Eight bodies found at U.S. helicopter crash site in Nepal; pilot identified
KATHMANDU, Nepal (CNN) — Eight bodies have been found at the site where a U.S. Marine Corps helicopter crashed while on a relief mission in Nepal, the country’s military said Saturday. The bodies reportedly are not recognizable.
The wreckage of the Huey helicopter was found in a rugged area of Gorthali, with parts scattered around at about 11,200 feet, according to the Nepalese Army. They investigating at the site, along with U.S. military personnel.
The helicopter was carrying six U.S. Marines and two Nepali service members when it went down; it was reported missing Tuesday.
The bodies had yet to be removed from crash site as of Saturday afternoon, Nepali army spokesman Jagadish Chandra Pokharel said.
The pilot has been identified as 31-year-old Capt. Chris Norgren of Wichita, Kansas, according to his father, Ron Norgren, who spoke to reporters Friday.
“He loved to fly, and he went through rigorous training sessions at Camp Pendleton,” the father said, referring to the Marine facility in Southern California.
“He was a very compassionate and caring person,” his mother, Terri Norgren, told CNN’s Anderson Cooper. “He wanted to help people. That’s the whole reason he went over there. He told me ‘Mom, somebody’s got to do this. And this is what I’m supposed to be doing.'”
“He was doing things he loved,” Ron Norgren added. “He loved to help people and he loved to fly. And he was just incredible.”
Chris Norgren played football in high school in Wichita and in college at Missouri University of Science and Technology in Rolla, where he graduated with a degree in aerospace engineering and mathematics, according to his father. The 2007 yearbook listed him as freshman defensive lineman at 6-foot-3 and 230 pounds.
While in school, Norgren was an overachiever. “If he got a B or a C, he was upset,” his father said.
After college and officer training school, Capt. Norgren spent some time coaching the football team at his high school, Bishop Carroll in Wichita, according to his family. “They’re still using some of the techniques he learned in officer training school over at Bishop Carroll,” his father said. According to the school’s Facebook page, he graduated in 2002.
Norgren joined the Marines to become a pilot, according to the family. “His passion for flying started at a very early age,” Ron said.
“He knew early on what he wanted to do and he did it. Not too many kids at that young age know what they want. He did,” Terri added.
Terri Norgren said the last time she spoke to her son was on Mother’s Day. “I told him ‘That’s awesome, I’m glad you’re doing that but please be careful, be safe,'” she recounted.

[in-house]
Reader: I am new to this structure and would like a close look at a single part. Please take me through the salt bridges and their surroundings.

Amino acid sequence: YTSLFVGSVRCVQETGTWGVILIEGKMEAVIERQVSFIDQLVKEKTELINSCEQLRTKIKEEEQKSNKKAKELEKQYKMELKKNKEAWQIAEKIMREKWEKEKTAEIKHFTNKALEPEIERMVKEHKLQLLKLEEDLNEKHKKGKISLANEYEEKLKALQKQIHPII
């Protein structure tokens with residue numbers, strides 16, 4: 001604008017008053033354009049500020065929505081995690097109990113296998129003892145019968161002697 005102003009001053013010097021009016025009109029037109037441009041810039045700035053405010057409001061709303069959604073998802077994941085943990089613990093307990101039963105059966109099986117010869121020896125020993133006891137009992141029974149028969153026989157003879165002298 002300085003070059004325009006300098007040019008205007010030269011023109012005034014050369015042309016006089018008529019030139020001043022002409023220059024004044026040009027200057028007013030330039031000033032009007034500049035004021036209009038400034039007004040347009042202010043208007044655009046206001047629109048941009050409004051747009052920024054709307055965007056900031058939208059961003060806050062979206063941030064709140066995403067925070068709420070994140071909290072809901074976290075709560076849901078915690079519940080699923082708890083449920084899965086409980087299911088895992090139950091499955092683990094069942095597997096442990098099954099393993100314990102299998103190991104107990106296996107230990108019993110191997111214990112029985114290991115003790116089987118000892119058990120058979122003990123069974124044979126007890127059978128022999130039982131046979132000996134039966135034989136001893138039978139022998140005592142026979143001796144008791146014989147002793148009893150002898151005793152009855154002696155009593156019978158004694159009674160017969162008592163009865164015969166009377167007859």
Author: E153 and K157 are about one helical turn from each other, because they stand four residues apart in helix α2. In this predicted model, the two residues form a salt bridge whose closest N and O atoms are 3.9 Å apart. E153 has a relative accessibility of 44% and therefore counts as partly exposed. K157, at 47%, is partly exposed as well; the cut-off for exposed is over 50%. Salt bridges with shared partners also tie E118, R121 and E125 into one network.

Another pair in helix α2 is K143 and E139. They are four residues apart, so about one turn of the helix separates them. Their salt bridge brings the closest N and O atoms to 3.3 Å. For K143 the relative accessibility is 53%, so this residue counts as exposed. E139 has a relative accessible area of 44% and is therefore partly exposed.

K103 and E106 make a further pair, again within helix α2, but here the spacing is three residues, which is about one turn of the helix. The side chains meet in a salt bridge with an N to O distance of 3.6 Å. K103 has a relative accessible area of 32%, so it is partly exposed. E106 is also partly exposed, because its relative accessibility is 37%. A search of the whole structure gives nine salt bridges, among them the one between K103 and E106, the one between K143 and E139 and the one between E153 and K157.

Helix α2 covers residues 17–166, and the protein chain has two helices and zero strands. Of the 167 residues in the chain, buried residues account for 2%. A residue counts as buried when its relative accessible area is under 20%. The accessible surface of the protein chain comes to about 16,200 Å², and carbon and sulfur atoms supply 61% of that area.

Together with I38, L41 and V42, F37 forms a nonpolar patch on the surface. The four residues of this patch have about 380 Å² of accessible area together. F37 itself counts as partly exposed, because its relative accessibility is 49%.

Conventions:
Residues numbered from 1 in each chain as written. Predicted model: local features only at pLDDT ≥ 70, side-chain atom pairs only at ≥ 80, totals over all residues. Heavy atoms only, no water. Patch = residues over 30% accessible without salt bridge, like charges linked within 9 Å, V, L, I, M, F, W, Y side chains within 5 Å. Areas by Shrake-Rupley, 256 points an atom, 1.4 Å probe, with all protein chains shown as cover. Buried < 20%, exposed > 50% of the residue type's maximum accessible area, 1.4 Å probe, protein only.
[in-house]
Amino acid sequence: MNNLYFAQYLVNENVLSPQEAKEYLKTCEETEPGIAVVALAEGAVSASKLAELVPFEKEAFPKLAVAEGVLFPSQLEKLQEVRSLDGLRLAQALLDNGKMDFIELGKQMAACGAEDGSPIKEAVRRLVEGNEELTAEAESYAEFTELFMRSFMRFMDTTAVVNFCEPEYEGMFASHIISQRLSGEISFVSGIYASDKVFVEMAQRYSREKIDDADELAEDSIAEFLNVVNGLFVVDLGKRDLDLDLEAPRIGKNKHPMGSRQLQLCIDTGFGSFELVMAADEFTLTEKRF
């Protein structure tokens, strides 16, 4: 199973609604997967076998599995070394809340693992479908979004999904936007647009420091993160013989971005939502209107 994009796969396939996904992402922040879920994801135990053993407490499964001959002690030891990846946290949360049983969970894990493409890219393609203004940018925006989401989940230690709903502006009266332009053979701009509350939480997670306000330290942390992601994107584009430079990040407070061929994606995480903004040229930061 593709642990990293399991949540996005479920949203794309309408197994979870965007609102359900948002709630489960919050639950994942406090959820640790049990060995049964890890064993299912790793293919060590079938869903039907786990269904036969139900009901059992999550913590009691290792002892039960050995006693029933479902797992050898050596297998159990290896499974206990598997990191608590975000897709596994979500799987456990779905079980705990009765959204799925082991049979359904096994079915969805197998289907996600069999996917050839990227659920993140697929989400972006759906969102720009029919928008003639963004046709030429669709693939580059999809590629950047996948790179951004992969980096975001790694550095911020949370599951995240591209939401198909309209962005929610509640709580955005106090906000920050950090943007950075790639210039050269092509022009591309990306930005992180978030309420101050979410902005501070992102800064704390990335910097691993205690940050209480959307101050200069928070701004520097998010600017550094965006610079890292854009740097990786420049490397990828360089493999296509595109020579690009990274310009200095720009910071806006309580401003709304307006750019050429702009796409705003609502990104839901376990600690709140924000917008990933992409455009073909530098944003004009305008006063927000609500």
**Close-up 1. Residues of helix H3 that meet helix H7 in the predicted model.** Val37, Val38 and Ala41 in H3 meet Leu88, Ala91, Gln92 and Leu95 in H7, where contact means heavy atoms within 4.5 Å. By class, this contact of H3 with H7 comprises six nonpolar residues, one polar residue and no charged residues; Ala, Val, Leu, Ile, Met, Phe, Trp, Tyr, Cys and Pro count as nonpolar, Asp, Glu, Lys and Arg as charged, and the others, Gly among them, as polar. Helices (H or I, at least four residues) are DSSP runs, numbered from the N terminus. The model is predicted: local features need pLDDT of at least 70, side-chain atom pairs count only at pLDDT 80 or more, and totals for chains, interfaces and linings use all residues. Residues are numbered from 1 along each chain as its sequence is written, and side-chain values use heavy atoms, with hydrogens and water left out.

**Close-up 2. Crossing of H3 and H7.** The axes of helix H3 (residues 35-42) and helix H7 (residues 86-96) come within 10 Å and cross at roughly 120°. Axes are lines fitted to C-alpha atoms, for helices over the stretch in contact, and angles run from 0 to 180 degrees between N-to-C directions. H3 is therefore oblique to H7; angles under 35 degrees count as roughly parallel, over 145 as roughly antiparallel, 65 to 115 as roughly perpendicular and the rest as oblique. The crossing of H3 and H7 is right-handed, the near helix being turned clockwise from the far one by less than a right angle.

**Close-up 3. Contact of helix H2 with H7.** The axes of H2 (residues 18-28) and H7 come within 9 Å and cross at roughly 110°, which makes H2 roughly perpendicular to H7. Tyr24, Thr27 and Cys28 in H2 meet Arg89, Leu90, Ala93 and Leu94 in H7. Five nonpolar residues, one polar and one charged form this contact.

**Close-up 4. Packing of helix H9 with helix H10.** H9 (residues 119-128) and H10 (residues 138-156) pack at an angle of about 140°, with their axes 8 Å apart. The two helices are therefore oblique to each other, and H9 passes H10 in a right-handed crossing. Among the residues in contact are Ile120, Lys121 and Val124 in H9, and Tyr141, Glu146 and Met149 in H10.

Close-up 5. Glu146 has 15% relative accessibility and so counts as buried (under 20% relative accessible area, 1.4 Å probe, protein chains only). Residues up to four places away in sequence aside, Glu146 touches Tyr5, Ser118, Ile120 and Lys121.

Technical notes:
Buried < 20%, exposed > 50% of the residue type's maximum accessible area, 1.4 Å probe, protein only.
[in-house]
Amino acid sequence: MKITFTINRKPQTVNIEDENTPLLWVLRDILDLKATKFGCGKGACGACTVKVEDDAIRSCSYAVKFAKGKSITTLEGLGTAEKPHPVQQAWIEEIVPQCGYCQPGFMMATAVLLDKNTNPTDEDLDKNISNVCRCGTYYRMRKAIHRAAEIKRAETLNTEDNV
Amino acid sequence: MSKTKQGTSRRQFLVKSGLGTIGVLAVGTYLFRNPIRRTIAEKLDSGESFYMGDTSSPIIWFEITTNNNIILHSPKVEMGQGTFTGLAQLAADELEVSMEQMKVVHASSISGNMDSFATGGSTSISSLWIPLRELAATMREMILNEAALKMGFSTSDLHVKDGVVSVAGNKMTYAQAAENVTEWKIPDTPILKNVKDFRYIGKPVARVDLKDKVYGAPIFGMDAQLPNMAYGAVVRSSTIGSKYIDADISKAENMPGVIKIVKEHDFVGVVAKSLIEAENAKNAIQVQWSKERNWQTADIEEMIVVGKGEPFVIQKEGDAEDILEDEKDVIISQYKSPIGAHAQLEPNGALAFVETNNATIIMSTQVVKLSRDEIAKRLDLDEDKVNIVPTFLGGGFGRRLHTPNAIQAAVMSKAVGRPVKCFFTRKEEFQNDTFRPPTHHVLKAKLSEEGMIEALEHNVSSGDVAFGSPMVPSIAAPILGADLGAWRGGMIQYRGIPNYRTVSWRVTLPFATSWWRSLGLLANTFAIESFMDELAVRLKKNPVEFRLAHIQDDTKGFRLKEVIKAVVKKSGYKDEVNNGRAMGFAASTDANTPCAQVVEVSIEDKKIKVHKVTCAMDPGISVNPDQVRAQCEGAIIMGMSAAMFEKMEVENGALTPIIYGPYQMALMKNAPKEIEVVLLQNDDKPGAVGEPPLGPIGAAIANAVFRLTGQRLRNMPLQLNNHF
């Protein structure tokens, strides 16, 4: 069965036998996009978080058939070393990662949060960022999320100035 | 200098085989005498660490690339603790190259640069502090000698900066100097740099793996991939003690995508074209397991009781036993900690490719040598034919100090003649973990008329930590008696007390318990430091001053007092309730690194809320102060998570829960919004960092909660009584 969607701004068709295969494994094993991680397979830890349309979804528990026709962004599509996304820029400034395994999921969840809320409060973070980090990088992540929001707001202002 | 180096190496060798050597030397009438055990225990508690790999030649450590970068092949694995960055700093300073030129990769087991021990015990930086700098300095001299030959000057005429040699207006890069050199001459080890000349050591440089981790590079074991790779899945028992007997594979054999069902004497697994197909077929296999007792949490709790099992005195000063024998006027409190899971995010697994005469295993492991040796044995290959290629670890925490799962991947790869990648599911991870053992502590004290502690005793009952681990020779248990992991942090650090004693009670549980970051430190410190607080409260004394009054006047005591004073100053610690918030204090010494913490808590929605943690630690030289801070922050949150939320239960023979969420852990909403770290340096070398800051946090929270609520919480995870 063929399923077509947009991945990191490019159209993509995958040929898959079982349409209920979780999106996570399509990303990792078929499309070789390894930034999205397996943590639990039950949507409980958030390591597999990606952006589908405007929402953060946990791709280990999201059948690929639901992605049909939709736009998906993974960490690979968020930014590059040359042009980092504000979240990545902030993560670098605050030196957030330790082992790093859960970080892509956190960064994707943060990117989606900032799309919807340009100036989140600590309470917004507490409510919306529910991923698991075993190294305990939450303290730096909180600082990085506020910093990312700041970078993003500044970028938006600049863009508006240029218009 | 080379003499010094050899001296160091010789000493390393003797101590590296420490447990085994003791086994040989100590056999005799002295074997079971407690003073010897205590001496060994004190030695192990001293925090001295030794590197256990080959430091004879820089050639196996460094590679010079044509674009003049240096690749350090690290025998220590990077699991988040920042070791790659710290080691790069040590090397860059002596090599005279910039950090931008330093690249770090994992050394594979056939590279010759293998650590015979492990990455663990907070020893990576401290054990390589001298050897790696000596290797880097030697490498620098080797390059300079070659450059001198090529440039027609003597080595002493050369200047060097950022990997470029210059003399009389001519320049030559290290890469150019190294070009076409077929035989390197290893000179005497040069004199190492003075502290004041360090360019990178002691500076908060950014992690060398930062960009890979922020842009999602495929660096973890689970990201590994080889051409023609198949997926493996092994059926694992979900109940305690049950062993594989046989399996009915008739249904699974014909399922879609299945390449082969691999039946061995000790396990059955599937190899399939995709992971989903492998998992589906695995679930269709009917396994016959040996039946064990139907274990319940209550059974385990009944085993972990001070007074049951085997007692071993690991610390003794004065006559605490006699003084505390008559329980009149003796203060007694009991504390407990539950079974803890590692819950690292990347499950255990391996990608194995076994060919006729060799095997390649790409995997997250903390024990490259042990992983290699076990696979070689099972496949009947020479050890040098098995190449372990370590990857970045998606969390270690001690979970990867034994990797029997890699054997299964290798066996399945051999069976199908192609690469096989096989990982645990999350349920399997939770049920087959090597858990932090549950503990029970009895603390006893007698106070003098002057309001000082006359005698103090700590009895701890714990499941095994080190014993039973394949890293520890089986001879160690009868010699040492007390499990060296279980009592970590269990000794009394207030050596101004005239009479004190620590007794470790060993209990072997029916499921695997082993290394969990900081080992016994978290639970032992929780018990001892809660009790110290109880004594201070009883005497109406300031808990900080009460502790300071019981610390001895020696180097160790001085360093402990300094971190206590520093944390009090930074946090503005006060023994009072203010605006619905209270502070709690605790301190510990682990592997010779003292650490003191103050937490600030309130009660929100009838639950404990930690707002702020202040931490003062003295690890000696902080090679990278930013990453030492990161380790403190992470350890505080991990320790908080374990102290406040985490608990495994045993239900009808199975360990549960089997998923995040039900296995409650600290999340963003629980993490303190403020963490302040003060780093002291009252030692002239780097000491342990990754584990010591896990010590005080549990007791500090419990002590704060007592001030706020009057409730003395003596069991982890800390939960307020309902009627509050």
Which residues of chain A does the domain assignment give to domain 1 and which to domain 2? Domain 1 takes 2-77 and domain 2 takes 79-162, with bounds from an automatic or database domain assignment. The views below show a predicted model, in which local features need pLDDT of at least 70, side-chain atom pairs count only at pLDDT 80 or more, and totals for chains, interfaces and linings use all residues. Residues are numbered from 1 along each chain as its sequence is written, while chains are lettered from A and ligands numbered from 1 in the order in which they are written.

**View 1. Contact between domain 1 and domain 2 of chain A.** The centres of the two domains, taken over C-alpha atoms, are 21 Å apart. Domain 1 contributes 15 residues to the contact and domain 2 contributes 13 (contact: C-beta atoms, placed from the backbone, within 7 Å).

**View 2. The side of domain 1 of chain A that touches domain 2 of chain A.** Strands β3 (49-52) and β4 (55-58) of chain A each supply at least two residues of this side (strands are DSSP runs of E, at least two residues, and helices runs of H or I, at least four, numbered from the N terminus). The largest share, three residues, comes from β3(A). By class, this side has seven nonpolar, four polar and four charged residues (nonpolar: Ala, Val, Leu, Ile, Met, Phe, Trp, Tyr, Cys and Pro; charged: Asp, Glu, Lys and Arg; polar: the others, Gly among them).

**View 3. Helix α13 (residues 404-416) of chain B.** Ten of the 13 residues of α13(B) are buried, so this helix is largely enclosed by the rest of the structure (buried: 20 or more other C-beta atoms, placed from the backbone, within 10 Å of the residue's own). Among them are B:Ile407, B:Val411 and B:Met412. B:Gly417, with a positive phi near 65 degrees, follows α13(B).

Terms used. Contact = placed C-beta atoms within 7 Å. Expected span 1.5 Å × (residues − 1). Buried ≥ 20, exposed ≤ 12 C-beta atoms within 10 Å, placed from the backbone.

U.S. Defense officials confirmed Friday that the missing helicopter had been located.
U.S. Marine Lt. Gen. John Wissler, commanding officer on the ground in Nepal, said the deaths would not affect the U.S. Marine mission to assist with aid following a series of deadly earthquakes.
The discovery of the American chopper follows intensive searches from the air and on foot, amid treacherous terrain.
The U.S. Joint Task Force confirmed the wreckage, eight miles north of Charikot, was that of the missing UH-1Y Huey helicopter. It has not yet commented on the discovery of bodies.
Four para-rescuemen and one combat rescue officer were on the ground, the Joint Task Force statement said. “The assessment of the site is ongoing and a thorough investigation will be conducted,” it said.
The helicopter lost contact Tuesday evening as it helped with relief efforts in earthquake-ravaged Nepal, Pentagon officials said.
Radio transmissions indicated its crew was having some type of fuel problem before it went missing near Charikot, roughly 45 miles (72 kilometers) east of the capital of Kathmandu.
The helicopter was delivering humanitarian aid after the devastating earthquake that struck the nation on April 25, killing thousands of people. Another strong earthquake hit Nepal on Tuesday afternoon, causing more damage and casualties.
The area where it lost contact is near the epicenter of Tuesday’s magnitude-7.3 earthquake.
About 300 American personnel are on the ground in Nepal helping with earthquake relief efforts.
The death toll from the two earthquakes is now 8,460, Nepal’s Home Ministry said Friday, including 117 from Tuesday’s quake.
Another 6,271 people are still receiving medical treatment. Of those, 1,700 were injured in the second quake.